Scott Fowler

Dirty work: Panthers DTs Kawann Short, Star Lotulelei are keys to Super Bowl

Carolina Panthers defensive tackle Kawann Short (99) had 11 sacks in the regular season and two more so far in the playoffs, often because teammate Star Lotulelei has occupied two blockers.
Carolina Panthers defensive tackle Kawann Short (99) had 11 sacks in the regular season and two more so far in the playoffs, often because teammate Star Lotulelei has occupied two blockers.

In 2013, immediately after he selected defensive tackles Star Lotulelei and Kawann Short with the first two draft picks he ever made, Panthers general manager Dave Gettleman explained why.

“You look historically at the Super Bowl champions, and you show me one that’s had a bad defensive front,” Gettleman said. “Doesn’t happen – I’m telling you.”

It is less than three years later. Star and KK, as their teammates call them, form one of the best defensive tackle tandems in the NFL and also are a “hidden in plain sight” pivot point upon which Super Bowl 50 will turn.

Short is the one who has generated headlines this season, leading Carolina with 11 sacks (and two more in the postseason). Lotulelei is the steamrolling run-stopper and often the player who allows Short to do his thing by occupying two blockers.

“He does probably 90 percent of the dirty work,” Short said of Lotulelei. “It’s unbelievable what he does on the field. He’s a monster. He takes on two offensive linemen, opens it up for me and I just capitalize on what he does.”

Lotulelei (the No. 14 overall pick of 2013) and Short (No. 44 the same year) entered the NFL together as two of Gettleman’s “hog mollies” – the big guys that the GM loves to stack on his roster like cordwood.

“We came in the same draft class and we made a pact that we were going to try to be the best defensive tackles in the league,” Short said. “We’ve still got room to improve, but we’ve made a big jump from year 1 to year 3.”

So big, in fact, that eventually the Panthers will have a tough time re-signing both of these dominant young players. There is speculation that Carolina will have to sacrifice one of them to the open market – likely Lotulelei – because of the money needed to keep Short.

But that’s far in the future. No. 98 and No. 99 are still signed under their rookie contracts through the end of the 2016 season.

For now, they have a date with Denver quarterback Peyton Manning, who they watched as kids growing up.

“When Peyton Manning was with Indianapolis for the longest time,” Lotulelei said, “the Colts were my favorite team on ‘Madden’ because of him. Marvin Harrison, Dallas Clark, Peyton – I always played as the Colts.”

Now it’s for real. Gettleman’s Panthers are in the Super Bowl, and Short and Lotulelei are a big part of the reason.

Same position, different talents

Gettleman said the two Super Bowl-winning teams he was involved with for the New York Giants included sterling pass rushers such as Michael Strahan, Justin Tuck and Osi Umenyiora and re-emphasized the value of a strong defensive line.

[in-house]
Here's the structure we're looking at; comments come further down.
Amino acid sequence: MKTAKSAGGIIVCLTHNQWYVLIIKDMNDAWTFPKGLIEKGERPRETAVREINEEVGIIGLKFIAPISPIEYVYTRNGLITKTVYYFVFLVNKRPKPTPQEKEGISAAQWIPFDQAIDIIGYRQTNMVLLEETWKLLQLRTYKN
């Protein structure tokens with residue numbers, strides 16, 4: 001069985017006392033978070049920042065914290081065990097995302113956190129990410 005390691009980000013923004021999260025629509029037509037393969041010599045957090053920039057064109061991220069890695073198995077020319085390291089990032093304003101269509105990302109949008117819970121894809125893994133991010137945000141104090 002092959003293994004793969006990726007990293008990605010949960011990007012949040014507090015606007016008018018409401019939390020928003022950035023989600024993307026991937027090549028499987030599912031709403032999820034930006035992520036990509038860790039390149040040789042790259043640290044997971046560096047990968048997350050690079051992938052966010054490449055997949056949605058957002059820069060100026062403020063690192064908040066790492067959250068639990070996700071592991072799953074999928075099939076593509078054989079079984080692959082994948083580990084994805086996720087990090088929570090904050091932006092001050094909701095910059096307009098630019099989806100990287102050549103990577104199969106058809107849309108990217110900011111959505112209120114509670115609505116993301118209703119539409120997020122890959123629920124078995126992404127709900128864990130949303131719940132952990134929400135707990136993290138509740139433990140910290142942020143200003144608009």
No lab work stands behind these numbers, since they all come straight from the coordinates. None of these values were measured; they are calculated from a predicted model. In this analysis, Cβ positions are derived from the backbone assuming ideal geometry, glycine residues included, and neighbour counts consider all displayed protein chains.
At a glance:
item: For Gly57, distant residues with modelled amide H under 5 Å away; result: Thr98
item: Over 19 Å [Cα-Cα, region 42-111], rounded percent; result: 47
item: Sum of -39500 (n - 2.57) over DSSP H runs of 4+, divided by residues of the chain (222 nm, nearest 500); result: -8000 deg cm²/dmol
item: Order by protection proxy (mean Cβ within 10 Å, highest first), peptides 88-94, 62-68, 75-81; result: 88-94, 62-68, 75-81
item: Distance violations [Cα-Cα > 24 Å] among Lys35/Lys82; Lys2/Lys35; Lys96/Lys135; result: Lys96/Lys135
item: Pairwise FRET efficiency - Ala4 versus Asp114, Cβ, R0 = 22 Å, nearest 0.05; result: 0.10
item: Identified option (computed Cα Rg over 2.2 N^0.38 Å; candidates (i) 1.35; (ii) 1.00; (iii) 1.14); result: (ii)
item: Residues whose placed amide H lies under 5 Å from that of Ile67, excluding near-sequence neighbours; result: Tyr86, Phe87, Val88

“If you don’t get in second-and-long and third-and-long situations, you can’t rush the passer,” Gettleman said this week. “You can’t do it. You only get there if you stop the run.

And Star and KK are both quality three-down guys (who can play both the run and pass).”

Although they play the same position, Short and Lotulelei play it very differently.

“Star is just a powerful space-eater with good athletic movement,” Gettleman said. “KK – and I said this to the scouts in the draft room (in 2013) – was the most natural pass rusher of all the defensive tackles in that class. He had things he did naturally that you can’t coach.”

Lotulelei averages less than two tackles a game. But his space-eating also frees up linebackers Luke Kuechly and Thomas Davis to run free behind the defensive line. Short is not quite as vaunted of a run-stopper, but his pass rushing means he gets talked about more.

“KK is ascending, for sure,” head coach Ron Rivera said. “But Star does a lot of the dirty work.”

Again, there’s that “dirty work” phrase.

“It’s not just me doing the dirty work,” Lotulelei said. “We have a whole lot of other guys who do that, too.”

‘Like we’re the best’

All of those guys will be trying to get hold of Manning Sunday. Even in the complementary role he finds himself in now at age 39, Manning still gets rid of the ball very quickly. Short and Lotulelei just want to make the quarterback uncomfortable, hoping that the dirty work heralds the arrival of a very clean pair of rings.

I asked Short, a first-time Pro Bowler this season, if he thought the pair had yet reached their goal of becoming the best inside defensive line tandem in the league.

“We feel we’re one of the best,” Short said. “We’re one of the few left that is playing. We’re at a high level. We’re in the playoffs right now. And I’d say this – we’ve got to play like we’re the best.”